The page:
Parker wrote, directed, and stars in the film on the slave revolt led by Nat Turner, which sold for a record $17.5 million at Sundance. Anticipation for the film had been strong, until recently.
The release of explicit details from Parkers 1999 rape trial — in which he was acquitted of all charges — quieted the film buzz, and Sharpton questions the timing of it all.
“I want answers,” Sharpton told the New York Daily News. “I’m suspicious.”
Though Parker’s story has never been hidden (the case appears on his Wikipedia page), Sharpton can’t shake his skepticism. “The timing and the standard is my concern,” he said.
Seventeen years ago, Parker and his Birth of a Nation co-writer, Jean Celestine, were accused of raping a fellow Penn State student. While Parker was cleared of wrong-doing and transferred to another college, Celestine was sentenced to six-months in jail, but won a mistrial on appeal after the accuser refused to testify a second time.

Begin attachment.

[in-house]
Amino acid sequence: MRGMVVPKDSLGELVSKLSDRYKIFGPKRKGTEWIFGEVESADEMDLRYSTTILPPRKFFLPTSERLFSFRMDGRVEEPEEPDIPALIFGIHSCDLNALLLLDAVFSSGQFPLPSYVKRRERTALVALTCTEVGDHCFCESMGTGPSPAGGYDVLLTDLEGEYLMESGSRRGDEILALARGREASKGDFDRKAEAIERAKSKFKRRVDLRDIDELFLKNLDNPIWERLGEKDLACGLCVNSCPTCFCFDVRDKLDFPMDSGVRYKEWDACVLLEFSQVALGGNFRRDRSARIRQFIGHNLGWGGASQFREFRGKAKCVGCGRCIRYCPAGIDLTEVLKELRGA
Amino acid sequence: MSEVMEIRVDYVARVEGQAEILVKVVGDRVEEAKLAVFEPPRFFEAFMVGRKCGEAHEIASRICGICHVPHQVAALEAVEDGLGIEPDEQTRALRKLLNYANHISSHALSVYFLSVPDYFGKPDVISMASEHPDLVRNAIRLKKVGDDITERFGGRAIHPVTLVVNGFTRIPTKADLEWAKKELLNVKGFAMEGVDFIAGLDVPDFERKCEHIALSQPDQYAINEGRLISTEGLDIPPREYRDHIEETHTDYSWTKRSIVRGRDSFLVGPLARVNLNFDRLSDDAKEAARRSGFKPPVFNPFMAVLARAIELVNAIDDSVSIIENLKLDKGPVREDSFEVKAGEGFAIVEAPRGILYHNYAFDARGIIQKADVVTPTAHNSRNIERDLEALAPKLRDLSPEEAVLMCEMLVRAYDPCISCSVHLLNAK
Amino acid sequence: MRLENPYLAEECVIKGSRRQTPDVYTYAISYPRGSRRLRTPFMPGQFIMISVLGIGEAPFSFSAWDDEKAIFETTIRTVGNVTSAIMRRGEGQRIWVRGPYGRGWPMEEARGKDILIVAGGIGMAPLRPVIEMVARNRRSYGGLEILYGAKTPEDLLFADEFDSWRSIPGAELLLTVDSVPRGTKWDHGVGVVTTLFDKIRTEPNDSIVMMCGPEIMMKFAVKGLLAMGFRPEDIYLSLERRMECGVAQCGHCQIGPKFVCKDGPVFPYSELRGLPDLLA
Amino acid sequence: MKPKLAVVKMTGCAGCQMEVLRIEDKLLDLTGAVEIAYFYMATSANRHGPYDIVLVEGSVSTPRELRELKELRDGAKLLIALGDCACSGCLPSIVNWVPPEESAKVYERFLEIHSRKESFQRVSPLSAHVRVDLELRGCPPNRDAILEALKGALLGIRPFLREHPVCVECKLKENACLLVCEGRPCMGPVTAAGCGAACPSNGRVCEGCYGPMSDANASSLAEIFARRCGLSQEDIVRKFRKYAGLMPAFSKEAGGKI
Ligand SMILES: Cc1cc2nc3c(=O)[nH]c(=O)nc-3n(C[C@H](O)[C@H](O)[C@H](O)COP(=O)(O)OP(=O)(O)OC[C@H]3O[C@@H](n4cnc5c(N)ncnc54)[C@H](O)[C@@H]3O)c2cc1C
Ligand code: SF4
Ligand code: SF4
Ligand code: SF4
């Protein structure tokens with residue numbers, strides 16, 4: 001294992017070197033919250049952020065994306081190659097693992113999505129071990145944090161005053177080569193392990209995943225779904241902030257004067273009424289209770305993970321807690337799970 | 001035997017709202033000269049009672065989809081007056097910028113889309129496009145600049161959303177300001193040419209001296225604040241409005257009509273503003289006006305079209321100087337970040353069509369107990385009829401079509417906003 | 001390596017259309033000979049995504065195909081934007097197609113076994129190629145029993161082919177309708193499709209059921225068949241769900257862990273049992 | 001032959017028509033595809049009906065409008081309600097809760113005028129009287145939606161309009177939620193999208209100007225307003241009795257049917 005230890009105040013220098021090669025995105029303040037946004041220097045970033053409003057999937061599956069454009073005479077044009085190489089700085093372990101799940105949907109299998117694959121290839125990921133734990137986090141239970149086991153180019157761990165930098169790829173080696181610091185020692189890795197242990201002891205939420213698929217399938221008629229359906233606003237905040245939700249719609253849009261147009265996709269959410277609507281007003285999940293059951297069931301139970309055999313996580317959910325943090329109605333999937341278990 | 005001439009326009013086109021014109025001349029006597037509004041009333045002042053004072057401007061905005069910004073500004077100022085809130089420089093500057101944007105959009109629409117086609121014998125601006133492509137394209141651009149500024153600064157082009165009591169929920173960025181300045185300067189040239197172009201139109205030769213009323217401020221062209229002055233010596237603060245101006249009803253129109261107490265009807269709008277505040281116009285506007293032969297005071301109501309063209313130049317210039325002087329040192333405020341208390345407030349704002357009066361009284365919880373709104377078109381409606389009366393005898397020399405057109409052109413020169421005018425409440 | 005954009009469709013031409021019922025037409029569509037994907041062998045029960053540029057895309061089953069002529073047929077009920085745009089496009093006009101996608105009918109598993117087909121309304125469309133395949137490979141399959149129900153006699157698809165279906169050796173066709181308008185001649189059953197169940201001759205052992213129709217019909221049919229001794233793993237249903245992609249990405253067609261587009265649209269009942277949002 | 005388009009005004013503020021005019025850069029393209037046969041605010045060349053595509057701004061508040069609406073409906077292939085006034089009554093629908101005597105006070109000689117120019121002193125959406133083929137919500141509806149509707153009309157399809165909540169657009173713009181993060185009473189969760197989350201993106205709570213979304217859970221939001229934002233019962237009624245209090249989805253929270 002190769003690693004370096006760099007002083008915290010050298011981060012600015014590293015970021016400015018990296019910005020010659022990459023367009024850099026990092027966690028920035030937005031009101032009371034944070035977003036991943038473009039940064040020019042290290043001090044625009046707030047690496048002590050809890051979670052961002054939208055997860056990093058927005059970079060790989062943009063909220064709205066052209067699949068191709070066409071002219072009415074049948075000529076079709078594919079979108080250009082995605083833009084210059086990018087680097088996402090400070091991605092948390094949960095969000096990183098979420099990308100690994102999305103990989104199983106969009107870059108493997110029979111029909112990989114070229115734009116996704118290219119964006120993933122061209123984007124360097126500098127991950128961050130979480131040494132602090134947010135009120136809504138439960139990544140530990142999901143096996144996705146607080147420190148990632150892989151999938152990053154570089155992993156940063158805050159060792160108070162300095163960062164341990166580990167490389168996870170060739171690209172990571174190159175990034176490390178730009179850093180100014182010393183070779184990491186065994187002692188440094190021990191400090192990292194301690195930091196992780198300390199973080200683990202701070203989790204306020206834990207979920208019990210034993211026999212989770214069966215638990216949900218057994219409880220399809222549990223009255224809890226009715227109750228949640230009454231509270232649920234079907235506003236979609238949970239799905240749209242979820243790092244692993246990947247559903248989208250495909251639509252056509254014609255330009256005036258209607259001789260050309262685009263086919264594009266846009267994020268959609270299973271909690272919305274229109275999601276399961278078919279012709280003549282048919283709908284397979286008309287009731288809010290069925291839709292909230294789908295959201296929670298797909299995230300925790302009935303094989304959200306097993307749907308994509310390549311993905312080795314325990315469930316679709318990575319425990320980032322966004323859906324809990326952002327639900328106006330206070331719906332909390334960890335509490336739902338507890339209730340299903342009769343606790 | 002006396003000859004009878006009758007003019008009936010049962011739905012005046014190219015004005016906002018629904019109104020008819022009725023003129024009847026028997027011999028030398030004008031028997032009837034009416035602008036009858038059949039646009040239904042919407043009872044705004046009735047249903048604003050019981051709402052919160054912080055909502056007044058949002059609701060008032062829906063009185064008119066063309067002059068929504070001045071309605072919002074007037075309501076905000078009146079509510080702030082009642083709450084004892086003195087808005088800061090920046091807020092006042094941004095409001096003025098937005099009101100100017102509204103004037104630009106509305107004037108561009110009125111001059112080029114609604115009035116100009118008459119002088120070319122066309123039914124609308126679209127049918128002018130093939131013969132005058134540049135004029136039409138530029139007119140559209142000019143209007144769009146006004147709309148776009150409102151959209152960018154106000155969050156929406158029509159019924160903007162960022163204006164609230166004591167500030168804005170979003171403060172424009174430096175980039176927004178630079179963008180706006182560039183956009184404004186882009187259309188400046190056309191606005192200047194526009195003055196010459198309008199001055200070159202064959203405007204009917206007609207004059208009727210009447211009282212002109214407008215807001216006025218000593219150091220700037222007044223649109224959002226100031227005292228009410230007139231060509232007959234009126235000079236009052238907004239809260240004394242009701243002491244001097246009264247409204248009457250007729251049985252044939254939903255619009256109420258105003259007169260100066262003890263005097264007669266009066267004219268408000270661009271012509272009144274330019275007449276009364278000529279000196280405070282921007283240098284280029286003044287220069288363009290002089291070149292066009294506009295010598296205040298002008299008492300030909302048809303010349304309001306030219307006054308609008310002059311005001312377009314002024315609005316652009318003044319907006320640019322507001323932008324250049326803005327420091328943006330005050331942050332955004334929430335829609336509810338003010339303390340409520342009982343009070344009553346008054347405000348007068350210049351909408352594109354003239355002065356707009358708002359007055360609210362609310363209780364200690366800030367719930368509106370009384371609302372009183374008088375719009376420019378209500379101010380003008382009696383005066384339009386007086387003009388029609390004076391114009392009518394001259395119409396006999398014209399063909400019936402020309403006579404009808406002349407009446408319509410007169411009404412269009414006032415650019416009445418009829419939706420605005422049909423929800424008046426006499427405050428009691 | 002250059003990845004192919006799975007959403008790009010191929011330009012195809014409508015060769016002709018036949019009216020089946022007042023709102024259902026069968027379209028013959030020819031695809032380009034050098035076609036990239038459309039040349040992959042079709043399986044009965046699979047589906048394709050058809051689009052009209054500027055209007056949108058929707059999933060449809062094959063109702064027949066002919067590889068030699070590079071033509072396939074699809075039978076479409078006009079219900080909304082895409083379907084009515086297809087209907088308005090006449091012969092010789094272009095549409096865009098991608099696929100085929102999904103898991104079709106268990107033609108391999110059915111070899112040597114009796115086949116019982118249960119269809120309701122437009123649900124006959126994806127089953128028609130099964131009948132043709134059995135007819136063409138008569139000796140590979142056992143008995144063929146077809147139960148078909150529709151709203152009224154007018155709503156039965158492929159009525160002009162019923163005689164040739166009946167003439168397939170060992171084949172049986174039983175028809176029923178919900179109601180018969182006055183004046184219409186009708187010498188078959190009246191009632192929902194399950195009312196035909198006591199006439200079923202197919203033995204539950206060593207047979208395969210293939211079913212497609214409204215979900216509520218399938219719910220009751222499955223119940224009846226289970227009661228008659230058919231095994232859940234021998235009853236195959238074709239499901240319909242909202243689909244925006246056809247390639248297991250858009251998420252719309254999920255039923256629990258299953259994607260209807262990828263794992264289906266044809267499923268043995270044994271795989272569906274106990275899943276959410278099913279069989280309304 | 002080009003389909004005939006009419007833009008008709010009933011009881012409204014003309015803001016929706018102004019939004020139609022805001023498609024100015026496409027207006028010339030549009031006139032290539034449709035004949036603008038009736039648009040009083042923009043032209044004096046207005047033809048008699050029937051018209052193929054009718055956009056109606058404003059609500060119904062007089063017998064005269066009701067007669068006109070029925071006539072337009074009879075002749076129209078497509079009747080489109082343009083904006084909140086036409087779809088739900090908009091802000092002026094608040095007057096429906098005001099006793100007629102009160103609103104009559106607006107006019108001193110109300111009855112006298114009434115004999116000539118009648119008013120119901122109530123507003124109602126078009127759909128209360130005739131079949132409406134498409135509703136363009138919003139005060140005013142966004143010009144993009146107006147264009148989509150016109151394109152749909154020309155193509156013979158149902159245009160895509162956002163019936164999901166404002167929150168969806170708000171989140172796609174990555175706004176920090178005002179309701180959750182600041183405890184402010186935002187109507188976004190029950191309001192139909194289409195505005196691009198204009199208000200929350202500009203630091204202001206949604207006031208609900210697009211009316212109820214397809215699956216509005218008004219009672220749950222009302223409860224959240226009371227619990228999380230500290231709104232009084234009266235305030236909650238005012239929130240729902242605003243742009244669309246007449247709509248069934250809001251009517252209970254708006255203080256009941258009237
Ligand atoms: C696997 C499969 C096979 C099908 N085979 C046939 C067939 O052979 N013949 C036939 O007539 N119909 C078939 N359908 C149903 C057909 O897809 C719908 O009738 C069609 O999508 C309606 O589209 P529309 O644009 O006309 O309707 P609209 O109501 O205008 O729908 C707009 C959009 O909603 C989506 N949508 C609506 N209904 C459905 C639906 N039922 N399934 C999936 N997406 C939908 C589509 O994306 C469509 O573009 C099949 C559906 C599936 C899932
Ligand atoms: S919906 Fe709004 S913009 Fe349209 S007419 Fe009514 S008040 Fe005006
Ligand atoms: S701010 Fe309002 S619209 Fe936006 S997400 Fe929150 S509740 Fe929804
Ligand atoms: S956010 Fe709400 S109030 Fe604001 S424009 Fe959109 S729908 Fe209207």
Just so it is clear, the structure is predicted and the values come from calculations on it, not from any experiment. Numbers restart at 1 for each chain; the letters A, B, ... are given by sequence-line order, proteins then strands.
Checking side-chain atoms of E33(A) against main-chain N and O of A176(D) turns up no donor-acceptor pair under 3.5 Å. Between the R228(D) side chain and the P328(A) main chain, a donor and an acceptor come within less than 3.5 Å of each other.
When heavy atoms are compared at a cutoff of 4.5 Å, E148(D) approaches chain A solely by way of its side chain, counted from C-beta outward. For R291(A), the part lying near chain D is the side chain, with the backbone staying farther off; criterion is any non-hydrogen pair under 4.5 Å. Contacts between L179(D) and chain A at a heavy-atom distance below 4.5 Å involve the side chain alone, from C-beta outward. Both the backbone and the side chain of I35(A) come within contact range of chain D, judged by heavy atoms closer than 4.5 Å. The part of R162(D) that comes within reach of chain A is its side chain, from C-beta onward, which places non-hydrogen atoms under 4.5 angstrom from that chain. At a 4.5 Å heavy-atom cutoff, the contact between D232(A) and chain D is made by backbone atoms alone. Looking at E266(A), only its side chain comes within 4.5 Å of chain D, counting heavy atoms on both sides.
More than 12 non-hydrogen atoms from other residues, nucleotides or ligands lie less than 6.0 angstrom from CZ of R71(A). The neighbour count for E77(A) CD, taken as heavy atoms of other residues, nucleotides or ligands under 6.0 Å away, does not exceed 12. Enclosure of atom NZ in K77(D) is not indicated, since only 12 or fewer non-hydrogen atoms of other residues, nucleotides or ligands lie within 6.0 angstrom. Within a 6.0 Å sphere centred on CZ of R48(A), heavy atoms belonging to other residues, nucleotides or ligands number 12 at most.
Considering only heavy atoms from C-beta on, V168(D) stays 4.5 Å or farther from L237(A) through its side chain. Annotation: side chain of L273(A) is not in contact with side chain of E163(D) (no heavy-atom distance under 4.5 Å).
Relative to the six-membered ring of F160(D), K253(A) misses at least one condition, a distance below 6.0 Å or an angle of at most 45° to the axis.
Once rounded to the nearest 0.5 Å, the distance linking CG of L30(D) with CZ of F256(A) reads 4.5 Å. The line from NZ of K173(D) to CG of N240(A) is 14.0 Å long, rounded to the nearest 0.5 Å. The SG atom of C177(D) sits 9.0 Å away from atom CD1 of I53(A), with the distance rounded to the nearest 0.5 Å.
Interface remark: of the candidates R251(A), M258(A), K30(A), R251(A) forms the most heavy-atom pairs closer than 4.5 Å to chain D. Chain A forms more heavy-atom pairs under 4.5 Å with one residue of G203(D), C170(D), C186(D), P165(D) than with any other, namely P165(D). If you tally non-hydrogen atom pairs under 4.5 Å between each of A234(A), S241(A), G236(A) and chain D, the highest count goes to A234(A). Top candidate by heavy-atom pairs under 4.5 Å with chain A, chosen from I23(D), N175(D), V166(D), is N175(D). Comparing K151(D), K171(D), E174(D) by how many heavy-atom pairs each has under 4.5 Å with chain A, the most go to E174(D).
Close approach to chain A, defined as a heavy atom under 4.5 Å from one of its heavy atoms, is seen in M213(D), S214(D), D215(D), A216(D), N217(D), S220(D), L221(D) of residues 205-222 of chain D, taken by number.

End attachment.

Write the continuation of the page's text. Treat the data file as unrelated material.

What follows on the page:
Since both men were eventually cleared in court, Sharpton doesn’t understand why Parker’s career should be suffer adding, “If a person is accused of a crime and is acquitted, are we now saying they should not be considered for an Oscar?”
Parker, a now 36-year-old married father of five, recently addressed the case in during two interviews. and a Facebook post after it was revealed that his accuser committed suicide in 2012.
In his Facebook statement from last Tuesday (Aug. 16), Parker expressed “sorrow” over the suicide, but reasserted his innocence.
“While I maintain my innocence that the encounter was unambiguously consensual, there are things more important than the law,” Parker wrote. “There is morality; no one who calls himself a man of faith should even be in that situation. As a 36-year-old father of daughters and person of faith, I look back on that time as a teenager and can say without hesitation that I should have used more wisdom.”